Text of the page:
Miss travelling to Hong Kong? Head down to Suntec City this April to check out Hong Kong: Through The Looking Glass, a mind-bending miniature exhibition that showcases a diminutive side of the city through sculptural masterpieces, right here in the heart of Singapore. Exhibiting as part of the celebrations for the 25th anniversary of the establishment of Hong Kong Special Administrative Region, the exhibition is currently making its debut in Singapore after successful tours across various cities in China and Japan.
“Due to the pandemic, we had some challenges setting up the exhibition; usually we’d have a team of more than 10 people, including the artists, coming in. But now there’s just two of us working together with a local team to do the set-up,” says a spokesperson from the Joyful Miniature Association. “Thankfully, we managed to get it done working with an art moving company here. We came here about 2 weeks ago, and managed to set it all up over two nights, consulting the original artists on the set-up and sending them photos to make sure we present it exactly right.”
Hong Kong: Through the Looking Glass promises an immersion in the unique world of miniature art. The magic lies with the viewers as visitors re-imagine Hong Kong on a different scale, where a Siew Mai is considered a giant. 40 miniatures will be on display, as they evoke sensations of old, new and beloved Hong Kong immortalised through precision, patience and passion of talented Hong Kong artists.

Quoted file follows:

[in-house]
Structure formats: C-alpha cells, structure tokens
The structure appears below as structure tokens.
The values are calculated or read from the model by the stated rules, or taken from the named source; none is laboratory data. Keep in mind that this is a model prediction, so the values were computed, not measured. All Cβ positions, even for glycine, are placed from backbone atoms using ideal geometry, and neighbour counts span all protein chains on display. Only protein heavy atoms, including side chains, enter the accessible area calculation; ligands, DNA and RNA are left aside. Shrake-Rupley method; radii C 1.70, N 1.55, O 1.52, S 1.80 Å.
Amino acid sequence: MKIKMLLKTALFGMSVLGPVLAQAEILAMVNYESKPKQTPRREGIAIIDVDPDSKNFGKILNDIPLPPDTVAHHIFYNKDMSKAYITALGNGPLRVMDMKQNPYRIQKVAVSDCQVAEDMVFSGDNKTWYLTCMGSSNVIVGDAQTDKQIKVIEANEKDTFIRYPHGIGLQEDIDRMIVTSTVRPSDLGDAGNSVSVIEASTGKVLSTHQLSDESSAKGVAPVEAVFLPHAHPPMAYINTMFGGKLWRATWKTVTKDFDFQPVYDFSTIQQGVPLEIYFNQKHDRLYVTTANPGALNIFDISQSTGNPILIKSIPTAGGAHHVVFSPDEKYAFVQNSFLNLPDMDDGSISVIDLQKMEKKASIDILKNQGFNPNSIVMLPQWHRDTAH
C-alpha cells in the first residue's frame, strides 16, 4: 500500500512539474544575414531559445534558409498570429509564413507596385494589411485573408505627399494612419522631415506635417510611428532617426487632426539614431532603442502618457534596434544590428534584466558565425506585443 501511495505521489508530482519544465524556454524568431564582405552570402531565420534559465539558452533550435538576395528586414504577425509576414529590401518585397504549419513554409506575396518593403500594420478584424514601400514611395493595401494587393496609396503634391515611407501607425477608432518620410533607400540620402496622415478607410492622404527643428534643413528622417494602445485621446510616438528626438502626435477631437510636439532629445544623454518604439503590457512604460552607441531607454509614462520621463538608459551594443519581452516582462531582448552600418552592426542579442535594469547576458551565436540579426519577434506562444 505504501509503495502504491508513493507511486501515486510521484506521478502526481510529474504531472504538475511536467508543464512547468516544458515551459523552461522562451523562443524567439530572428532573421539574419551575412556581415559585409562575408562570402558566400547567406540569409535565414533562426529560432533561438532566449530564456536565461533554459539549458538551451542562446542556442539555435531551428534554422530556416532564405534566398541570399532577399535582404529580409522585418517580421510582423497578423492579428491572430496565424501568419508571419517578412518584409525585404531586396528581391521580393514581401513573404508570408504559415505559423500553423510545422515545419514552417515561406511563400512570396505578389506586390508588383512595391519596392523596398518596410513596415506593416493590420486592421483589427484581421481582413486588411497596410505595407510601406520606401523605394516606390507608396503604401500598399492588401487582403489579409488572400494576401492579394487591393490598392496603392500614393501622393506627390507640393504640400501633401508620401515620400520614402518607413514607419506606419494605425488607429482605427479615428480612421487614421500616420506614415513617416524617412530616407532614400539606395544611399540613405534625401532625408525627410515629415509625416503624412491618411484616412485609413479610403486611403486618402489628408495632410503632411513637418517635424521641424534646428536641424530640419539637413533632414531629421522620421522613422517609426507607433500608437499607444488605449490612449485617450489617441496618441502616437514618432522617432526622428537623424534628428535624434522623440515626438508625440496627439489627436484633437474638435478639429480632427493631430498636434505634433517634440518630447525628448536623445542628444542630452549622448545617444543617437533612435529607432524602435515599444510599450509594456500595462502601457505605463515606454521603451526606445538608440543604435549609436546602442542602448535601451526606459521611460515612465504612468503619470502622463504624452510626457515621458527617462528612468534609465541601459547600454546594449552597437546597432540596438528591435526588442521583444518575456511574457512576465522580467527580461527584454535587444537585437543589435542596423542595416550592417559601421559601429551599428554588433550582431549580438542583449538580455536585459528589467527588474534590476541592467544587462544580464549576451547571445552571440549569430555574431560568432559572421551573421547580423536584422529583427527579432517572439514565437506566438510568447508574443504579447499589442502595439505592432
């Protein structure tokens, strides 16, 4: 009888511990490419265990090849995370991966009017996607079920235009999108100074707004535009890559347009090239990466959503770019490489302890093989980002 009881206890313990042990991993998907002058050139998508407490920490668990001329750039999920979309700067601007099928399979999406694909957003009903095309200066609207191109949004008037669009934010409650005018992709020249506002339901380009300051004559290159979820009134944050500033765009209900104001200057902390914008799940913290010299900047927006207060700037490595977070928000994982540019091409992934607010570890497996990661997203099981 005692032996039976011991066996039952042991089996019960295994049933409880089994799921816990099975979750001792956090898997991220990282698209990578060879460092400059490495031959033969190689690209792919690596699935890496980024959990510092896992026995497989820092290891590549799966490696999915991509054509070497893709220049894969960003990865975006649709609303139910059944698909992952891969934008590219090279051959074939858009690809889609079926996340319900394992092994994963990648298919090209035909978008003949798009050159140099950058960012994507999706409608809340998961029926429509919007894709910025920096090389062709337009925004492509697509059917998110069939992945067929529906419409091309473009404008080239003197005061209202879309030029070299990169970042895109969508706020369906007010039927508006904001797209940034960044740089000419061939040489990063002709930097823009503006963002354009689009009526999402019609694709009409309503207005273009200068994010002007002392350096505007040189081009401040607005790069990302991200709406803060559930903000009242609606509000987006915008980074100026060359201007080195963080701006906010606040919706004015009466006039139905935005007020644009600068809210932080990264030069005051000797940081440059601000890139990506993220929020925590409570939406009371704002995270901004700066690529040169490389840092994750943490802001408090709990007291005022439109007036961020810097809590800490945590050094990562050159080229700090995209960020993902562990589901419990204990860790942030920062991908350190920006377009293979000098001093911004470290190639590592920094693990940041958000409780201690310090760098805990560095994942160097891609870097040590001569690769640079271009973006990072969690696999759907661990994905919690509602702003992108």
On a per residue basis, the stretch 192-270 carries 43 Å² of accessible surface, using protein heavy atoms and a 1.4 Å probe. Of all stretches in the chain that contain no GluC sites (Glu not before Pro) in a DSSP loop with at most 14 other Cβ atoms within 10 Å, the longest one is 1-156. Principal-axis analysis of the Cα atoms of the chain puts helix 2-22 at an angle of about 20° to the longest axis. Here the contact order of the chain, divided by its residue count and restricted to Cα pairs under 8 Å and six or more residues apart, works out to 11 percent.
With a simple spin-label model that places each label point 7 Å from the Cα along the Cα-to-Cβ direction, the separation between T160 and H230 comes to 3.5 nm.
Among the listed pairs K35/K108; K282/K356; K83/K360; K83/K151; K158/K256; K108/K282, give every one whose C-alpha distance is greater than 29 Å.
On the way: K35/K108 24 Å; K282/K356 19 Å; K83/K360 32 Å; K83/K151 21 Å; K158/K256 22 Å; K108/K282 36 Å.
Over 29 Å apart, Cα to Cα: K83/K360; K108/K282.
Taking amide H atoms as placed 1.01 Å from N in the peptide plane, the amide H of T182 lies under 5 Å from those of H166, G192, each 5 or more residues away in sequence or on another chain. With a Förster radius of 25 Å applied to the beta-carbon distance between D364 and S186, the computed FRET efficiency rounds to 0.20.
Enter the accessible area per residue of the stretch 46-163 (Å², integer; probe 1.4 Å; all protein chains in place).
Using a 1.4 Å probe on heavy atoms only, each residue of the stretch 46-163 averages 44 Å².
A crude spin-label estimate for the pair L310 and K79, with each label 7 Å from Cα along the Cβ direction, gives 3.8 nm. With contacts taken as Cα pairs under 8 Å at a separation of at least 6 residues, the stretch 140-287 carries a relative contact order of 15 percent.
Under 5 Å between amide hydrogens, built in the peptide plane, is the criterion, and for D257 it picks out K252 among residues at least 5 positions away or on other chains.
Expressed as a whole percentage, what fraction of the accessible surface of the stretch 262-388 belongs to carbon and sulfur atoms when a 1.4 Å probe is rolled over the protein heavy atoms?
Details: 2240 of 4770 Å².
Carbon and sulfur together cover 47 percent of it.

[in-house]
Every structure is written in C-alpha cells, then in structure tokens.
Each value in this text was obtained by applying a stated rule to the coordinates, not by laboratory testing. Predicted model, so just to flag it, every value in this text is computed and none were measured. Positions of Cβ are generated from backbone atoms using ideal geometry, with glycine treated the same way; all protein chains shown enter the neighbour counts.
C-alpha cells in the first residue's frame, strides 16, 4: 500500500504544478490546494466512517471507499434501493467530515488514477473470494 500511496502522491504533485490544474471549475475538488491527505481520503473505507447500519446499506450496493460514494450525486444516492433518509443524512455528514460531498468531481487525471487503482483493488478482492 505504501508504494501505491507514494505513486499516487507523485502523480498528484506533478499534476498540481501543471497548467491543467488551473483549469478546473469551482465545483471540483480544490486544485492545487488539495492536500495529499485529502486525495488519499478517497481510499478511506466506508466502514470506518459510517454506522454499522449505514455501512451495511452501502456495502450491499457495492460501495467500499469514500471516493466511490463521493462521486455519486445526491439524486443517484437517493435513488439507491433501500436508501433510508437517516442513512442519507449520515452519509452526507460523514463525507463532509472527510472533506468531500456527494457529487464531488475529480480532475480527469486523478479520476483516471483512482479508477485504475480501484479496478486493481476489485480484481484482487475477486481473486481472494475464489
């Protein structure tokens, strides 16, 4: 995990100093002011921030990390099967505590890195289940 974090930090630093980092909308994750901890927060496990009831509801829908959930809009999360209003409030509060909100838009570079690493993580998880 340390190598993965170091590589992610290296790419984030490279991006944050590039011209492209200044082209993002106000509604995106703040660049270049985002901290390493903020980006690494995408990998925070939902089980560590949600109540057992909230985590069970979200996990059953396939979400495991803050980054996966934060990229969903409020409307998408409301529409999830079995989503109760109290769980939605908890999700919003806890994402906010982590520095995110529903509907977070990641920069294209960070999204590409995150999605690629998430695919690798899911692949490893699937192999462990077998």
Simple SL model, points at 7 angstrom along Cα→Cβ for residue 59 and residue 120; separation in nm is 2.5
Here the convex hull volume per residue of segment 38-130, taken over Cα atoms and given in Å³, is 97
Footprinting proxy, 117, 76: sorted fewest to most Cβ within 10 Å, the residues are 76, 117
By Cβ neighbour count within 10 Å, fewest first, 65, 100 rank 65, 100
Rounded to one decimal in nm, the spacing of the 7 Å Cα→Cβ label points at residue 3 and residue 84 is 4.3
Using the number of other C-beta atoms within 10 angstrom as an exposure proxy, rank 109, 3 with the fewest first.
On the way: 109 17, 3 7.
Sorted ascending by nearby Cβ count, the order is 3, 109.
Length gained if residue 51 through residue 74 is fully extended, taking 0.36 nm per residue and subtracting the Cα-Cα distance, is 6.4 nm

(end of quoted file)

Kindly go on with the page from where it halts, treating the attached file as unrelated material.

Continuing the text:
Highlights of the exhibition include a 1:35 scale model of the Cheung Chau Bun Festival, possibly the most unique festival celebrated in Hong Kong. Athletes raced to the top of a 14-metre bamboo tower covered with lucky buns, collecting as many buns as possible to win. This traditional festival is still celebrated to date and a must-see attraction of Cheung Chau Island.
A 1:35 scale model of the Bamboo Theatre showcases plenty of detail in the unique structure, used as temporary Chinese opera performance venues erected in villages, towns or football courts during festivals and celebrations such as Yue Lan Festival. The architecture represents a unique folk custom and construction skill. For this exhibit, the artist has painted over 1,000 lightbulbs and handmade the large flower board to highlight the lively atmosphere and traditional craftsmanship.
A 1:76 scale model of Yue Man Square exhibits the old days of Kwun Tong, an industrial heartland with its bright neon lights, busy traffic and neighbourhood shops. Check out the mega superstar movie poster on the historic Bonds Theatre. In recent years, Kwun Tong has been revitalized into an exciting district where new is playing with the old. Inside its old industrial blocks, there are designers, musicians, entrepreneurs and artists, making this one of Hong Kong’s most creative districts.
A 1:18 scale model of the iconic “China Café” represents this shooting location of many classic films in Hong Kong. The exhibit is so exquisite that the ceiling fans can turn and you can see the tiny strokes on the coins at the cashier counter. Look closer – you might even spot Bruce Lee in this miniature model.